The panel also told the NCAA “nay” when it argued that challenges to amateurism rules must fail as a matter of law on account of the 1984 Supreme Court decision in NCAA v. Board of Regents. The same antitrust rules that apply to other industries are equally applicable to the NCAA.
Reading between the lines, the NCAA is now vulnerable to future antitrust lawsuits, including those brought by other student-athletes. Unsurprisingly, the lawyers for both sides are spinning the result as a win for their respective clients:
Michael Hausfeld, the lead attorney for the plaintiffs, told USA TODAY Sports,“[W]e remain pleased with our trial victory and the Ninth Circuit’s decision upholding the finding that the NCAA violated the antitrust laws and affirming a permanent injunction to remedy that violation, which enables NCAA member schools to offer college athletes significant additional funds toward the cost of attendance[.]”
Donald Remy, the NCAA Chief Legal Officer, said the NCAA “remain[s] pleased that the Ninth Circuit agree[s] with us that amateurism is an essential component of college sports and that NCAA members should not be forced by the courts to provide benefits untethered to education, including providing any payments beyond the full cost of attendance[.]”
Second Appeal Rejected by United States Supreme Court: Obviously the NCAA, O’Bannon and the other plaintiffs were not completely happy with the 9th Circuit’s ruling because both parties petitioned the Supreme Court to weigh in.
On Monday, after receiving those petitions, the Supreme Court said, “No, thanks.” Therefore, the 9th Circuit’s ruling remains the law of the land. Other circuits are free to disagree with the 9th Circuit, in which case, the Supreme Court or Congress may have to revisit the issue.
Takeaway: The status quo, in practice, remains unchanged. The NCAA, however, should be nervous because the district court and 9th Circuit disagreed with almost every one of its arguments. Fortunately for the NCAA, the judicial system is just too uncomfortable with the idea that students should receive direct cash payments for their athletic endeavors while competing for their academic institutions. Ironically, the courts’ decision-makers don’t have a strong legal justification to back up their discomfort.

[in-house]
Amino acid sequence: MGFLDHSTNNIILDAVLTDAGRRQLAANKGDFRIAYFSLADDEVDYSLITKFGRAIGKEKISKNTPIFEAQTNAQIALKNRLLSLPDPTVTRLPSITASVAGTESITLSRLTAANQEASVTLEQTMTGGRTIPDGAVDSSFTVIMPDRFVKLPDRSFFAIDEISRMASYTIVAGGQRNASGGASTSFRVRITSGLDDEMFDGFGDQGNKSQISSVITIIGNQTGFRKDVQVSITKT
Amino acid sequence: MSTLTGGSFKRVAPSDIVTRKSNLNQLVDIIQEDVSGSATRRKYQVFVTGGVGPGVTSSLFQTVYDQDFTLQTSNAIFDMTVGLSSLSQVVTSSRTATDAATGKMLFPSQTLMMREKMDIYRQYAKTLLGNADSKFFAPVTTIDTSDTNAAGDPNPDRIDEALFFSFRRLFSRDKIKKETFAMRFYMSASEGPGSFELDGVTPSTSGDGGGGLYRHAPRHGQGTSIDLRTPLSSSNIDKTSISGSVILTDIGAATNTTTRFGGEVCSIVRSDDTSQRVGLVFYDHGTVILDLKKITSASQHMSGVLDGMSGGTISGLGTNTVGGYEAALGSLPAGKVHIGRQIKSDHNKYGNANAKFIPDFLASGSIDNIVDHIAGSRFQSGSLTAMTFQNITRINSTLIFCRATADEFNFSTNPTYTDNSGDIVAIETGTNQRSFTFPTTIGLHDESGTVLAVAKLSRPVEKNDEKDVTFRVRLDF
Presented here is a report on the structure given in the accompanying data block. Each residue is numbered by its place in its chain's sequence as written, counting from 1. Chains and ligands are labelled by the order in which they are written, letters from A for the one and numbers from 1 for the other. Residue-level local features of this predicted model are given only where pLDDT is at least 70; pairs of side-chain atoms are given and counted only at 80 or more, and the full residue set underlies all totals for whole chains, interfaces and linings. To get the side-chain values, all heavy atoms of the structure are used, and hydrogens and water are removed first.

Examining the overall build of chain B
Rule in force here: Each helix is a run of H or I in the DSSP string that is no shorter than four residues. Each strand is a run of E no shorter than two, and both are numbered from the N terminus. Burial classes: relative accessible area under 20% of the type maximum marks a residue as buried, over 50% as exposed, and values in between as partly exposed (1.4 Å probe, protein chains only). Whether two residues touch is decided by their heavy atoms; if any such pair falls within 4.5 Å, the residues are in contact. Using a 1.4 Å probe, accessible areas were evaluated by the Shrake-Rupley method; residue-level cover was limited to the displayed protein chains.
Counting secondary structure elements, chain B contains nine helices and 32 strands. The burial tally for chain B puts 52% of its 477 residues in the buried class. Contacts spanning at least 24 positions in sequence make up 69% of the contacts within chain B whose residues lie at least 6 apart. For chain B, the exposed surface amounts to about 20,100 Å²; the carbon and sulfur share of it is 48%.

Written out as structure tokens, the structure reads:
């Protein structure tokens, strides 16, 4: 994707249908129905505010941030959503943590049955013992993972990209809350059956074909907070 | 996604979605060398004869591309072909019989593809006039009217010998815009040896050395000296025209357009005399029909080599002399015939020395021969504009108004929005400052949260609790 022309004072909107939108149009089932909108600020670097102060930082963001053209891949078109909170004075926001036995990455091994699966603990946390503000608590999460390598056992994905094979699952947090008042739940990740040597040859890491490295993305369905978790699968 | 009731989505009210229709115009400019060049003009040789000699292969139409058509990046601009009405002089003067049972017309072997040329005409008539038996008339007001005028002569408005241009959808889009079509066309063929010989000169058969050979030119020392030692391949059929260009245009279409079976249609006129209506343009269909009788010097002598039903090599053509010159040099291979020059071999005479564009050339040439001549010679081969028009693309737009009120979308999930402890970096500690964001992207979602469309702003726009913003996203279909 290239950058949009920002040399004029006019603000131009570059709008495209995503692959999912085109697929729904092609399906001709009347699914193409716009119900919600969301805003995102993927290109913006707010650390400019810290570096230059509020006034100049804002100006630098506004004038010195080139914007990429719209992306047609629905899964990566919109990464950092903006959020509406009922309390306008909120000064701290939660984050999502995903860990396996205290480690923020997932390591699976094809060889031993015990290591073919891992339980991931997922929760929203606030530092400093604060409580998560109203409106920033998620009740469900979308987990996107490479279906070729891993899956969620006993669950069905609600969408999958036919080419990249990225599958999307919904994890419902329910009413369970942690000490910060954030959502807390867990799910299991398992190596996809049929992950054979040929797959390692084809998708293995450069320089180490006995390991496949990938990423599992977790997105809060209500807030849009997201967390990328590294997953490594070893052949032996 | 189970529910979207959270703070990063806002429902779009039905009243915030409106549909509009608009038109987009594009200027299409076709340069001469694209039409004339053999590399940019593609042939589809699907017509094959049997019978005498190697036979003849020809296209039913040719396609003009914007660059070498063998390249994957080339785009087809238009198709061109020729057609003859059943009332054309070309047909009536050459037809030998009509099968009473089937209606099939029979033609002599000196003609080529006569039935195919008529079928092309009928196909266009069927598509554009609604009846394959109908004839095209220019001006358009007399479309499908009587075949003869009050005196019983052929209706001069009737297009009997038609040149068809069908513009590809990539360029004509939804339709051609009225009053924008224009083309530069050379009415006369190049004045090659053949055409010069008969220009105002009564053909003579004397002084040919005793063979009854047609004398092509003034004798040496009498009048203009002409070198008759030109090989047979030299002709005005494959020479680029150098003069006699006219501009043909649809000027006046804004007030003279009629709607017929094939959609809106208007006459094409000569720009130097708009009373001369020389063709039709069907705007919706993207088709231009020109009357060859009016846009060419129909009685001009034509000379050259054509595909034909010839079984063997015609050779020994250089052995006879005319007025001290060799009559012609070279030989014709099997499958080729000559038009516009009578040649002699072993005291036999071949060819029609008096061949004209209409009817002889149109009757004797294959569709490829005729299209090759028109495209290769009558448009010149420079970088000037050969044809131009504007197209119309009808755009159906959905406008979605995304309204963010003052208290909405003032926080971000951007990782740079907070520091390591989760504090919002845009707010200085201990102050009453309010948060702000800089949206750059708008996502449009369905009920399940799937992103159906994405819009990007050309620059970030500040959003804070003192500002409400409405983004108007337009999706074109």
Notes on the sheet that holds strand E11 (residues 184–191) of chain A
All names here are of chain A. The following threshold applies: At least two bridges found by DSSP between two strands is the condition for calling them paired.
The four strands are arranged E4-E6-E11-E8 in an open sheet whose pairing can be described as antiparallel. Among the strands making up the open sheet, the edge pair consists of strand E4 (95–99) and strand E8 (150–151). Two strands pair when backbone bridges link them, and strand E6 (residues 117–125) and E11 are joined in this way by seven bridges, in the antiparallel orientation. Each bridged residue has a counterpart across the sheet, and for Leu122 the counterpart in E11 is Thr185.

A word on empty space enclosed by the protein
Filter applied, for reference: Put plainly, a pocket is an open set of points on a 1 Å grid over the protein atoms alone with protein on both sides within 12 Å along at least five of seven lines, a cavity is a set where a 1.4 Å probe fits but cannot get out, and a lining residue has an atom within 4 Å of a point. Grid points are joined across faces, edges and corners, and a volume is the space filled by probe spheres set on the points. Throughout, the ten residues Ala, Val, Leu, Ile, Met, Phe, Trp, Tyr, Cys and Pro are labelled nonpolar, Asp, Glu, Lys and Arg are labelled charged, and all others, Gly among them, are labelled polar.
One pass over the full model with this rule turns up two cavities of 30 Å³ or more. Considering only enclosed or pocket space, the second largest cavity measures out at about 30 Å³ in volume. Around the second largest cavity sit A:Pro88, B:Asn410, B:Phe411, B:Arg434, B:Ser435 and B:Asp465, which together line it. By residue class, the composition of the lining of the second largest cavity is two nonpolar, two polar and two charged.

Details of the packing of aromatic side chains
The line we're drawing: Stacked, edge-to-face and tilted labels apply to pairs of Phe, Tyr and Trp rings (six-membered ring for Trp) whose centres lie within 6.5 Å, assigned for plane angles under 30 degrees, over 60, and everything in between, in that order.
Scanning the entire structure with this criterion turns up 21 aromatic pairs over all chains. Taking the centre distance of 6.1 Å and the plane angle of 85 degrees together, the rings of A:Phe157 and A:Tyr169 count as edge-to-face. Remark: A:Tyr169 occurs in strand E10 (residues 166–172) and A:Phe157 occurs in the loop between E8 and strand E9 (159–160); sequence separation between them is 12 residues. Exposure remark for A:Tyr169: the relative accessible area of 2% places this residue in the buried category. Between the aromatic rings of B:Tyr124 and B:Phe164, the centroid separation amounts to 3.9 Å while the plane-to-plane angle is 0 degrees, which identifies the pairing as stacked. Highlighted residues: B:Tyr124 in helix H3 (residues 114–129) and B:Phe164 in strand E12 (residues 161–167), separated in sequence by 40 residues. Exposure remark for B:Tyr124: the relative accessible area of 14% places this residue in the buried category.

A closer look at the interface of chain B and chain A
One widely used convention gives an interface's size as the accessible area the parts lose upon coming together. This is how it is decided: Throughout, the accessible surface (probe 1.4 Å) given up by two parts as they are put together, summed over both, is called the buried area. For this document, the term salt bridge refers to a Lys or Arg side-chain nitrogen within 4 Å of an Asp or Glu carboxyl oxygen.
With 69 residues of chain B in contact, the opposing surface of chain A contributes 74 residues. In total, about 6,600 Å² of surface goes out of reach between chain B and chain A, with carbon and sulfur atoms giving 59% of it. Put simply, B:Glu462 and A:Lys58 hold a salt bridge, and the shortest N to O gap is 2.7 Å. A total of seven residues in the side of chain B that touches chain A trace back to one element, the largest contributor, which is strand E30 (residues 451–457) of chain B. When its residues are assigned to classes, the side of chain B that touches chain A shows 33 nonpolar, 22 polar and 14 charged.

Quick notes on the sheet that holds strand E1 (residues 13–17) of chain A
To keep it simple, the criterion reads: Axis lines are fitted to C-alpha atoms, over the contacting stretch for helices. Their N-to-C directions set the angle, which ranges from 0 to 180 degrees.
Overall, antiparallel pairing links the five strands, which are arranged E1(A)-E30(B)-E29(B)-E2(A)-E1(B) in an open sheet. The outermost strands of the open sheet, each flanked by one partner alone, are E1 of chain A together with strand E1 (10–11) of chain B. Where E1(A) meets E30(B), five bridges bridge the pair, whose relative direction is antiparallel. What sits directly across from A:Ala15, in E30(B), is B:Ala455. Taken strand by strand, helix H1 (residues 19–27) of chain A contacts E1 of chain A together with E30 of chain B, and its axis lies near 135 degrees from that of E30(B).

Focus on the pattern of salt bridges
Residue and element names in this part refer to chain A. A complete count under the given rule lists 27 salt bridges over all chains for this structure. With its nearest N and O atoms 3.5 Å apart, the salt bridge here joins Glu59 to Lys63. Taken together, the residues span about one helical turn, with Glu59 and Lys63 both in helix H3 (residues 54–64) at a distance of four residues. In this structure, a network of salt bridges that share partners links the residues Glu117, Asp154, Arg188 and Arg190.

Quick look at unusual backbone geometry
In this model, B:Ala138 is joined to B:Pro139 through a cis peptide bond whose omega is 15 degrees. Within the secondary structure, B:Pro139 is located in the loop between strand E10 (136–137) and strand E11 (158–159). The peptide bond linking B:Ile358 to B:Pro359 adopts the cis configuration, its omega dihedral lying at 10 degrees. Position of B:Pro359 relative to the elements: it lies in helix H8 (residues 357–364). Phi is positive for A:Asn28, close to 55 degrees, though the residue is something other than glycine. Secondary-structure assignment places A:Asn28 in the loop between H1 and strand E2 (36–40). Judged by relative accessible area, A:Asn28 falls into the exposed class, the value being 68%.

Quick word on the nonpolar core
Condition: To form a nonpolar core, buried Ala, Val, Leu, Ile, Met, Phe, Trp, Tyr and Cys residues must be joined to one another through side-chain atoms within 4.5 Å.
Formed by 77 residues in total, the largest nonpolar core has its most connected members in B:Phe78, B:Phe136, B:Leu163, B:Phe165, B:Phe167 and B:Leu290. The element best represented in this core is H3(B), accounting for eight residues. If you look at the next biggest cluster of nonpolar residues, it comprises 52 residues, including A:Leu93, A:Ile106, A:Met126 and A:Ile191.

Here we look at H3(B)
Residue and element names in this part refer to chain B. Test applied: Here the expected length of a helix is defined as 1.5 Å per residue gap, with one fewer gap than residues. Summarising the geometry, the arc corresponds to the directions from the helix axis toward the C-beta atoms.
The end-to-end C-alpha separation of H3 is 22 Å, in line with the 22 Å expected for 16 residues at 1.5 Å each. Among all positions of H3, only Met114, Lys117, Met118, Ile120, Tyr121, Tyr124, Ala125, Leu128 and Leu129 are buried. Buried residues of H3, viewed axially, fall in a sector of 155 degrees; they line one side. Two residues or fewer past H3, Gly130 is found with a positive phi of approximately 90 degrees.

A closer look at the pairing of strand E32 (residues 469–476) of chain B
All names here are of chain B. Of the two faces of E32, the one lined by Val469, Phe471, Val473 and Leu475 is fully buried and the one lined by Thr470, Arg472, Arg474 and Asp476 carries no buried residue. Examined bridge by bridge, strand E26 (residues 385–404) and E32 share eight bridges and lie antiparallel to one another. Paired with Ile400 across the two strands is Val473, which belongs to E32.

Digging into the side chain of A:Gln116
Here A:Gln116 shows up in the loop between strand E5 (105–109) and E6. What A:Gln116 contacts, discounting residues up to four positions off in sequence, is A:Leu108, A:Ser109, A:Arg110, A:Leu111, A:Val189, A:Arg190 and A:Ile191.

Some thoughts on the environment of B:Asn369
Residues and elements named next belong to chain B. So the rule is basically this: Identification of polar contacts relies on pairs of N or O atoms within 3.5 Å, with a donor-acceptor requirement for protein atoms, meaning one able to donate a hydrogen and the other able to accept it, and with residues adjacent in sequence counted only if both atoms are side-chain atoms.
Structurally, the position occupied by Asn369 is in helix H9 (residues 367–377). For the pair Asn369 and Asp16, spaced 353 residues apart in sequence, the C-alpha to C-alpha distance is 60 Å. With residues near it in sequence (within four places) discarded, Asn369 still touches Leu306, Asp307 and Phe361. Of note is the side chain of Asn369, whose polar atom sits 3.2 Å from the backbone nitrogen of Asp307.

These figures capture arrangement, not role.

The tension is that the NCAA is profiting (hand-over-fist) from a small minority of its athletes, but refusing to share those profits with the earners. The NCAA defends its profit-hoarding by pointing to the thousands of athletes who receive scholarships without profiting their schools, conferences, or the NCAA, which certainly includes swimmers. The NCAA also likes to take the moral high ground in espousing its hallowed mission to educate the nation’s future leaders. (Perhaps the NCAA prefers its acronym because it does not want to call attention to the fact that it is the National Collegiate Athletic Association, rather than the National Collegiate Educational Association.)
All sarcasm and witticisms aside, the issue is not black-and-white—it involves balancing multiple issues that shape the American way of life, including education, rights of the individual and fair competition. How we valued our college athletes in the past is no longer the norm, and the judicial system appears to be grappling with the changes.